Posted on: 28 July 2015
Just because you don't have a garden, doesn't mean you can't enjoy a splash of green to brighten up your outside space. If your apartment has a large balcony, why not invest in a 'lawn' using artificial turf? It's a relatively straightforward procedure, and the end result could give you many years of enjoyment, as well as adding value to your property. Here's a brief guide to installing an artificial lawn on your balcony.
Some things to consider before you begin
Artificial turf comes on a roll just like carpet. You can lay it on any flat surface: concrete, wood, paving or brick. Provided the surface of your balcony is flat, you can lay the grass directly onto it. If the surface is uneven, you'll need to place a foam underlay down first.
It's important that the area you're intending to use for your 'lawn' has good drainage. Although water won't actually damage the artificial grass, continual pooling underneath it can eventually weaken the backing and underlay, if you're using underlay. Before you lay the turf, make sure that the area you've chosen can drain.
Think about the look you want to achieve. A great effect can be created on large balconies by laying a 'lawn' on just part of the available space in a square or circle. This is more aesthetically pleasing than one large expanse of green, and allows you to break the balcony up into different areas. You might choose to have an area dedicated to pots of flowers, another for eating and barbecuing, and one for sunbathing, for example. Artificial grass is quite expensive, and this strategy will save you money.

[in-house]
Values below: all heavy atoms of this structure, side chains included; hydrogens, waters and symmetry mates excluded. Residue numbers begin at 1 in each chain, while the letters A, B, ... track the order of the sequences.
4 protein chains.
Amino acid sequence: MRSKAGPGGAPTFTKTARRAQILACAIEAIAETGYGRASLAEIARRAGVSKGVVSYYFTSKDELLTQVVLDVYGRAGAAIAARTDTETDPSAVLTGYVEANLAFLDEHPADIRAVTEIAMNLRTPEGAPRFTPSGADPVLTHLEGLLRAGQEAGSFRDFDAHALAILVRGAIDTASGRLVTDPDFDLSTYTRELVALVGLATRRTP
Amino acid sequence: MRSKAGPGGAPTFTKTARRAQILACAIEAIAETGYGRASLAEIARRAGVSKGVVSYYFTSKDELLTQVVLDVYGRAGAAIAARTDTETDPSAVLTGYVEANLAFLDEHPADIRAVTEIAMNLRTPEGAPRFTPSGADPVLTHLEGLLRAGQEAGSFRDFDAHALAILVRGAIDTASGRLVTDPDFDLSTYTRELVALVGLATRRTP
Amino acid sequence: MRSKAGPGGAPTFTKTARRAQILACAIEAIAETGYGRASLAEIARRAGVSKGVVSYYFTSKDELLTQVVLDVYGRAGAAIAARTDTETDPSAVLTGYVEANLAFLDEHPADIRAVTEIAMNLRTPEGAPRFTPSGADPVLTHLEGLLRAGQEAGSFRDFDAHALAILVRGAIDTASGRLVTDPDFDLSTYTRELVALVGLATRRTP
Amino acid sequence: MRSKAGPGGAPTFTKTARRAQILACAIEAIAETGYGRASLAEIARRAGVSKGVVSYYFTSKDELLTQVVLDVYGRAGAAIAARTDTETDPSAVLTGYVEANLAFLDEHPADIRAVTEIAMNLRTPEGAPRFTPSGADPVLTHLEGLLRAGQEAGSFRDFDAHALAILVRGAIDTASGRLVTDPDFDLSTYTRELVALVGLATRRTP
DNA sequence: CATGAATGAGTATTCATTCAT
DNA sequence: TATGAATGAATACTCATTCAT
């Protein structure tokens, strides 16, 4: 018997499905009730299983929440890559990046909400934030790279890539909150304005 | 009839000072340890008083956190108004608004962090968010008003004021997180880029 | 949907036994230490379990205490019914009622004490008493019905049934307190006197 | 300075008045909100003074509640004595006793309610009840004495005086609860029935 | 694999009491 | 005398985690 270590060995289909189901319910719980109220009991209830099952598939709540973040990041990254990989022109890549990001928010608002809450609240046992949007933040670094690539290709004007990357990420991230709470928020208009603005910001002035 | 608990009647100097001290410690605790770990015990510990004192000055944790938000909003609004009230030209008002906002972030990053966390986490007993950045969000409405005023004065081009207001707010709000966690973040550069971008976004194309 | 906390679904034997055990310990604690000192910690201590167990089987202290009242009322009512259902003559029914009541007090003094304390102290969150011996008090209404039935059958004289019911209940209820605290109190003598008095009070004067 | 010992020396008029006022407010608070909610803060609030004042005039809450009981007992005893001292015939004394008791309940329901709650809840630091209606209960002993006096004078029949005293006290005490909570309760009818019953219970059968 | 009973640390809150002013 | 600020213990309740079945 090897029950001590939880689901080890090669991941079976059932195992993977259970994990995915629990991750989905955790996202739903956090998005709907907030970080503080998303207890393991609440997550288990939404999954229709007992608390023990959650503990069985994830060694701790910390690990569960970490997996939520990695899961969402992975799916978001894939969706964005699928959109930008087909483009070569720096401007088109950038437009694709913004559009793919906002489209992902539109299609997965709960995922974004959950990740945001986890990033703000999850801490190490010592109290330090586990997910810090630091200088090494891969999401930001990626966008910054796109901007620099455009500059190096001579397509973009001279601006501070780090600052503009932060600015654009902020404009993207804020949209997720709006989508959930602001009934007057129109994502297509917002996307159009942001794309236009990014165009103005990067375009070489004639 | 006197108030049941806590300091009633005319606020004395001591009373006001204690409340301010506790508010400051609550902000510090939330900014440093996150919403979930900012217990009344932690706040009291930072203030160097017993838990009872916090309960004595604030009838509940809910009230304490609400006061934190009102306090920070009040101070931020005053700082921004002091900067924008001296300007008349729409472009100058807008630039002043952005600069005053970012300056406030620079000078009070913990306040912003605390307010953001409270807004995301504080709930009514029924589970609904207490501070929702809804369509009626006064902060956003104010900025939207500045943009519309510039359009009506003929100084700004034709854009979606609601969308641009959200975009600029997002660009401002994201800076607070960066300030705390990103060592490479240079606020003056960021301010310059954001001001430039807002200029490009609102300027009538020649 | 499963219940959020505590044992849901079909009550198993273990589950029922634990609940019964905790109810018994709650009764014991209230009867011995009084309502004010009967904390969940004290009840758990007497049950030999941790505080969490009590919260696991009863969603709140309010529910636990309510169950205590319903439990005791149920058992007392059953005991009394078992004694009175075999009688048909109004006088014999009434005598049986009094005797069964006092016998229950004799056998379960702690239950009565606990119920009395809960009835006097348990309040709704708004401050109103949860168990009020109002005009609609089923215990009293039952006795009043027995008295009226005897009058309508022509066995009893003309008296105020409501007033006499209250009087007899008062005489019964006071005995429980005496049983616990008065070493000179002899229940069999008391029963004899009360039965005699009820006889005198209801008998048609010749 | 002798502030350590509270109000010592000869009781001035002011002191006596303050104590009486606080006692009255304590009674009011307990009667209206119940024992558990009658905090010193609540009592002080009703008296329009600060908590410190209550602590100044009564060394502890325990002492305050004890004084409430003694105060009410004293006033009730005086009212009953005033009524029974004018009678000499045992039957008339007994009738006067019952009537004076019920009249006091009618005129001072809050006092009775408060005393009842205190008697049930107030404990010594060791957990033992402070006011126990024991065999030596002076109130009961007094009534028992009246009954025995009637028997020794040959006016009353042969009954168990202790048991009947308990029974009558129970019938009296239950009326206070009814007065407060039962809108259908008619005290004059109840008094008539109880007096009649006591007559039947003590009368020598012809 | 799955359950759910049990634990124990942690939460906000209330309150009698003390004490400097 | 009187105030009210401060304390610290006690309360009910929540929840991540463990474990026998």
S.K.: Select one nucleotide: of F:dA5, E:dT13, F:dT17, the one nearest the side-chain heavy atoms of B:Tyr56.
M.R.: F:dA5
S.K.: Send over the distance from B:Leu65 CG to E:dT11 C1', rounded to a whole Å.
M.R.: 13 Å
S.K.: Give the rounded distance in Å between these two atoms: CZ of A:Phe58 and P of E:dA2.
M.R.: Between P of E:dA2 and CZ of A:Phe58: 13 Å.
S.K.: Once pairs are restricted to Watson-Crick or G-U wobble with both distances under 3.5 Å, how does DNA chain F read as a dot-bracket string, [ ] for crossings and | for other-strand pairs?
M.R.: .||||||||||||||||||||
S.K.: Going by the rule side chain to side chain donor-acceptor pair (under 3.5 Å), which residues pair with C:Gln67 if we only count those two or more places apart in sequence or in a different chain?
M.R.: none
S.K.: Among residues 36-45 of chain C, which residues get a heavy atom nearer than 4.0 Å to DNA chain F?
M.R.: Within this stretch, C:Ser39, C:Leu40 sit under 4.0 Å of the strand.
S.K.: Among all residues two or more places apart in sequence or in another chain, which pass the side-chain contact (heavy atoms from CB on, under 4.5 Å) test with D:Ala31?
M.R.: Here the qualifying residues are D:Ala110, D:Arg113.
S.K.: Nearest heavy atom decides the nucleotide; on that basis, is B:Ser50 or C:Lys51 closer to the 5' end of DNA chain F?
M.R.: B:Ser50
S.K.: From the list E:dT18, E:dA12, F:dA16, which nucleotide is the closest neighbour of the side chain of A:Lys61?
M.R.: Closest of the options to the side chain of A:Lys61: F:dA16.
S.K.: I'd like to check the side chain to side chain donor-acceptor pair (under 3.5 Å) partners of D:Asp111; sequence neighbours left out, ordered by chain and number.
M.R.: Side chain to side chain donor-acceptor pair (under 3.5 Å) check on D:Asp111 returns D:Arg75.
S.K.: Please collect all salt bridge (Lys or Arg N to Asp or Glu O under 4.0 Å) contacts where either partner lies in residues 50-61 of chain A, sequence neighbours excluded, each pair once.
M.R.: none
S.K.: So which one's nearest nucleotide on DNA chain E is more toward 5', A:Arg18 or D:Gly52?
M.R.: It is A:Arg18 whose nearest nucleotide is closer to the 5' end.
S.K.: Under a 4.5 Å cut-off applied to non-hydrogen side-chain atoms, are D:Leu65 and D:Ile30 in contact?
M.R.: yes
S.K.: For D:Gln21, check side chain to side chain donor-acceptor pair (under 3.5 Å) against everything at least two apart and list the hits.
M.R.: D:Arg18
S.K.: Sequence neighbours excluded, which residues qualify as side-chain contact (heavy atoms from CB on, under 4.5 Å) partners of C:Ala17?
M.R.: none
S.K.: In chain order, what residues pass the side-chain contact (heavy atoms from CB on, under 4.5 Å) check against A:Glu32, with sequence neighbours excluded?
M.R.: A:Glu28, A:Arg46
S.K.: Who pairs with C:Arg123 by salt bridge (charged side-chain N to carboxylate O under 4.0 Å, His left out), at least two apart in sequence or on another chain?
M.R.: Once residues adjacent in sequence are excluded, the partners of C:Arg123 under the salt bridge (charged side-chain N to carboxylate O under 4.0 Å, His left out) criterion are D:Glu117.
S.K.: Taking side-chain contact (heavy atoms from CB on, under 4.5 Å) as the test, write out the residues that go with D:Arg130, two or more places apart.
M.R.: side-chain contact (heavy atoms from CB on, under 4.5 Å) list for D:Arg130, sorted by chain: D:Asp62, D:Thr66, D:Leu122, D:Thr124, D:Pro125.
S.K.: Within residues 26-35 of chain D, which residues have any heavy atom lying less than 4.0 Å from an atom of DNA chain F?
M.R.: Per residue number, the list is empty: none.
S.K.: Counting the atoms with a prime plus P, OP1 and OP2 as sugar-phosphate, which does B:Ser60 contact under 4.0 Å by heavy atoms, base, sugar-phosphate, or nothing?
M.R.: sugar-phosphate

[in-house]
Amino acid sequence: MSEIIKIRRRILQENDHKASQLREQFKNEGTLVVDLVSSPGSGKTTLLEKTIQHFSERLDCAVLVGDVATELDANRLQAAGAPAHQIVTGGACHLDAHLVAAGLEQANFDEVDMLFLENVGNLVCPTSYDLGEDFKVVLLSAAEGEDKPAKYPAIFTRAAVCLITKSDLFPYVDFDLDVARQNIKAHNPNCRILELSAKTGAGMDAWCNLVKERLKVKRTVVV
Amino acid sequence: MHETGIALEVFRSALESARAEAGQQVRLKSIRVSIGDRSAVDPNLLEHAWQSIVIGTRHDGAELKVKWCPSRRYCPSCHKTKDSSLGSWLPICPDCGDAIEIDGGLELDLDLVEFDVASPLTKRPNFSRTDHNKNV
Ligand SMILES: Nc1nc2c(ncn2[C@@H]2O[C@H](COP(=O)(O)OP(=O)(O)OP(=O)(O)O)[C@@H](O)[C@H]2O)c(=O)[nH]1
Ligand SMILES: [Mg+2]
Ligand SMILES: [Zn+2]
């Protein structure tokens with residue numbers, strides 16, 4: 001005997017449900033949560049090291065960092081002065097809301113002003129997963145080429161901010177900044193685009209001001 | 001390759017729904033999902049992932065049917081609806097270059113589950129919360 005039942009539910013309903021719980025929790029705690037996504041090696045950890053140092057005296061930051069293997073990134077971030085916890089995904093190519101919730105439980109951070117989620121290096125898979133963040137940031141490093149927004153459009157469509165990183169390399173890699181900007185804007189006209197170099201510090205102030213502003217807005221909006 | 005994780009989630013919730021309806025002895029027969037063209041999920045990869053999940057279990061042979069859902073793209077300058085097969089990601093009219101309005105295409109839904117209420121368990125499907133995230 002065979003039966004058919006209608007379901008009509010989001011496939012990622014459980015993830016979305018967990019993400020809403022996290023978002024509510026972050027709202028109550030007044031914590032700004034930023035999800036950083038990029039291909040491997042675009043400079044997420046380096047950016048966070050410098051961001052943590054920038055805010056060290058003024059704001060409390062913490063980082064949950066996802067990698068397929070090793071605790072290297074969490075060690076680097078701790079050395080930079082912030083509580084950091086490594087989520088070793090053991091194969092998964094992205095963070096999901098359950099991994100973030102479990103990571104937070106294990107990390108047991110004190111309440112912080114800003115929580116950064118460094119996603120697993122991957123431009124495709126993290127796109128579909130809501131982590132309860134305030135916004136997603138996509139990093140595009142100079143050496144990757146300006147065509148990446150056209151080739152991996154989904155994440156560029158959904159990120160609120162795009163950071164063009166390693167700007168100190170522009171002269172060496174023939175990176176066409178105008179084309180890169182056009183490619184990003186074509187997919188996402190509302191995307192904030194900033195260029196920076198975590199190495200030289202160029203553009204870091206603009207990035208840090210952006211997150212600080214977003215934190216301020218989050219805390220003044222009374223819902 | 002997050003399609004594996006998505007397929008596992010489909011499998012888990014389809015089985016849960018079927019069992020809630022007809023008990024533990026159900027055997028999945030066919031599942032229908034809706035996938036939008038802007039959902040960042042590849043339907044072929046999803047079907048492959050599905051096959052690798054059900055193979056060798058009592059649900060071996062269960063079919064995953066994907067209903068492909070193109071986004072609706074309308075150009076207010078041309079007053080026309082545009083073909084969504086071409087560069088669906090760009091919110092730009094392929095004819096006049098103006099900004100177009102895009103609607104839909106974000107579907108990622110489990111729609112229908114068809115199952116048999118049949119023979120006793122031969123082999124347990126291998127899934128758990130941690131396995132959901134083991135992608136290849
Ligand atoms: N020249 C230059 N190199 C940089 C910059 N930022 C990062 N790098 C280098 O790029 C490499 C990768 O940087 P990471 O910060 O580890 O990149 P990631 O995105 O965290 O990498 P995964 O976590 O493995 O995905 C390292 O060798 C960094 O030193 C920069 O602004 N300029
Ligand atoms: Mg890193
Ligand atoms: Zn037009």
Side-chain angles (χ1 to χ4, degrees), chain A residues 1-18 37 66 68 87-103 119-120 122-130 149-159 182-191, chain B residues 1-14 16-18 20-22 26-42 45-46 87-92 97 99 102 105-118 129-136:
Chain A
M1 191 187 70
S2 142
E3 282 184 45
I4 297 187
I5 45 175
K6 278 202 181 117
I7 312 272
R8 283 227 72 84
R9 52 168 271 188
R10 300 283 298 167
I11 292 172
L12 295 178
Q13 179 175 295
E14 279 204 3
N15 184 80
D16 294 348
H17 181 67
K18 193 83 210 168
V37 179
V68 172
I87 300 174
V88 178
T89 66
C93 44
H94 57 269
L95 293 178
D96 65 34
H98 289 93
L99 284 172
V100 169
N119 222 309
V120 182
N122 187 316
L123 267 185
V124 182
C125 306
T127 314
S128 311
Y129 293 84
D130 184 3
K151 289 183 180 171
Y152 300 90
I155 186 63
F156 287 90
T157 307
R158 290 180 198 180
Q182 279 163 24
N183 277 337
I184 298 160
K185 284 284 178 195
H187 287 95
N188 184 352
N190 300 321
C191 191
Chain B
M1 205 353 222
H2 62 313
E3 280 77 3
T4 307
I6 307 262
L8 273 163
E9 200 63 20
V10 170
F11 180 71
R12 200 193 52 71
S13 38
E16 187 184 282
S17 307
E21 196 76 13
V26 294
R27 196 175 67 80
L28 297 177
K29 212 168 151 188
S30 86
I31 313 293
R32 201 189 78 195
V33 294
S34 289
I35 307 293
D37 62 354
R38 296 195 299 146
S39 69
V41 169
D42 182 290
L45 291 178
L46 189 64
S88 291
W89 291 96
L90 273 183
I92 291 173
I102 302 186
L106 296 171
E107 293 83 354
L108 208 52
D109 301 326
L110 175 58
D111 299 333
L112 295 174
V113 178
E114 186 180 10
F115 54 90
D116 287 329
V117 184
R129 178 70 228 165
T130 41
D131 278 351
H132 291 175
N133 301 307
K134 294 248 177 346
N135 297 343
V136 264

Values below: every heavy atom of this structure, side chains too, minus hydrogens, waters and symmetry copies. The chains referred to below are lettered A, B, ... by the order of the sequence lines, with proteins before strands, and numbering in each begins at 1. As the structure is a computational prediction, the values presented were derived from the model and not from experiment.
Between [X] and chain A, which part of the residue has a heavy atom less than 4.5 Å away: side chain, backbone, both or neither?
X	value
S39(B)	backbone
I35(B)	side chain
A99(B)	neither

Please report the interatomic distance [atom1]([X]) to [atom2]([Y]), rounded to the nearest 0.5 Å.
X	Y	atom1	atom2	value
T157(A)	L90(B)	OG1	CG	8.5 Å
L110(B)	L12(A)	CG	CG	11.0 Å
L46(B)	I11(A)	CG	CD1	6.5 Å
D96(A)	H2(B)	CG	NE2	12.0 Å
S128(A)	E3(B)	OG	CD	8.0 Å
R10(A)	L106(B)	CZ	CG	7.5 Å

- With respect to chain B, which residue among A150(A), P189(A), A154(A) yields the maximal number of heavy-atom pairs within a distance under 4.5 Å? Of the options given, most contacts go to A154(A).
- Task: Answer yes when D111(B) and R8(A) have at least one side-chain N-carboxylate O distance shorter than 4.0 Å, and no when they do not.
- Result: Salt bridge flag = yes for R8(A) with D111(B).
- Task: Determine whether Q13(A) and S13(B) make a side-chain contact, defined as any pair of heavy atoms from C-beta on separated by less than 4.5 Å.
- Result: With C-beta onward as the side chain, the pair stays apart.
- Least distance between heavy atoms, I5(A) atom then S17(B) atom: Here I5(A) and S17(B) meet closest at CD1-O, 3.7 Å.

Installing artificial grass on a balcony
Your supplier will provide everything you need to do the job yourself, including specialist seaming tape and glue. A glue gun is a worthwhile investment if you don't already have one, as is a sharp carpet knife. Both these items are available from your local DIY store.
Begin by sweeping the area so that it's completely free of dust, dirt, and debris. It's a good idea to wash the balcony down too, but make sure it's completely dry before you lay the lawn.
Measure the area to be transformed into your lawn and cut the grass to size. If you're using several pieces of grass, ensure that the nap is running in the same direction. Ideally, you want the nap running towards your main view point for the best effect. The pile will initially be flattened where the grass has been compressed on the roll, but this will soon lift once the air and sun get to it.
It's a good idea to allow the grass to 'acclimatise' overnight before you begin to fasten it down so that it doesn't crease.
Now, you'll need to butt the pieces of grass together, making sure that the nap is running in the same direction and that the edges are completely straight. Place a piece of seaming tape against the reverse of the overlapping edges of the pieces. Press it down firmly to form an invisible join.
Once you're happy that the tape is secure, run two lines of glue parallel along the underside of the join and press firmly into place.
All you need to do to fix the grass in place on your balcony is to glue it all around the perimeter, making sure that gaps are left in the beading for drainage.
Finish off by brushing the grass with a stiff broom to lift the pile.
Artificial grass makes a durable, attractive and long-lasting feature on your balcony. You can either fit it yourself by using a few basic DIY skills or by hiring a remodelling contractor to do the job for you. For more information, contact a business such as Australian Lawn Wholesalers.Share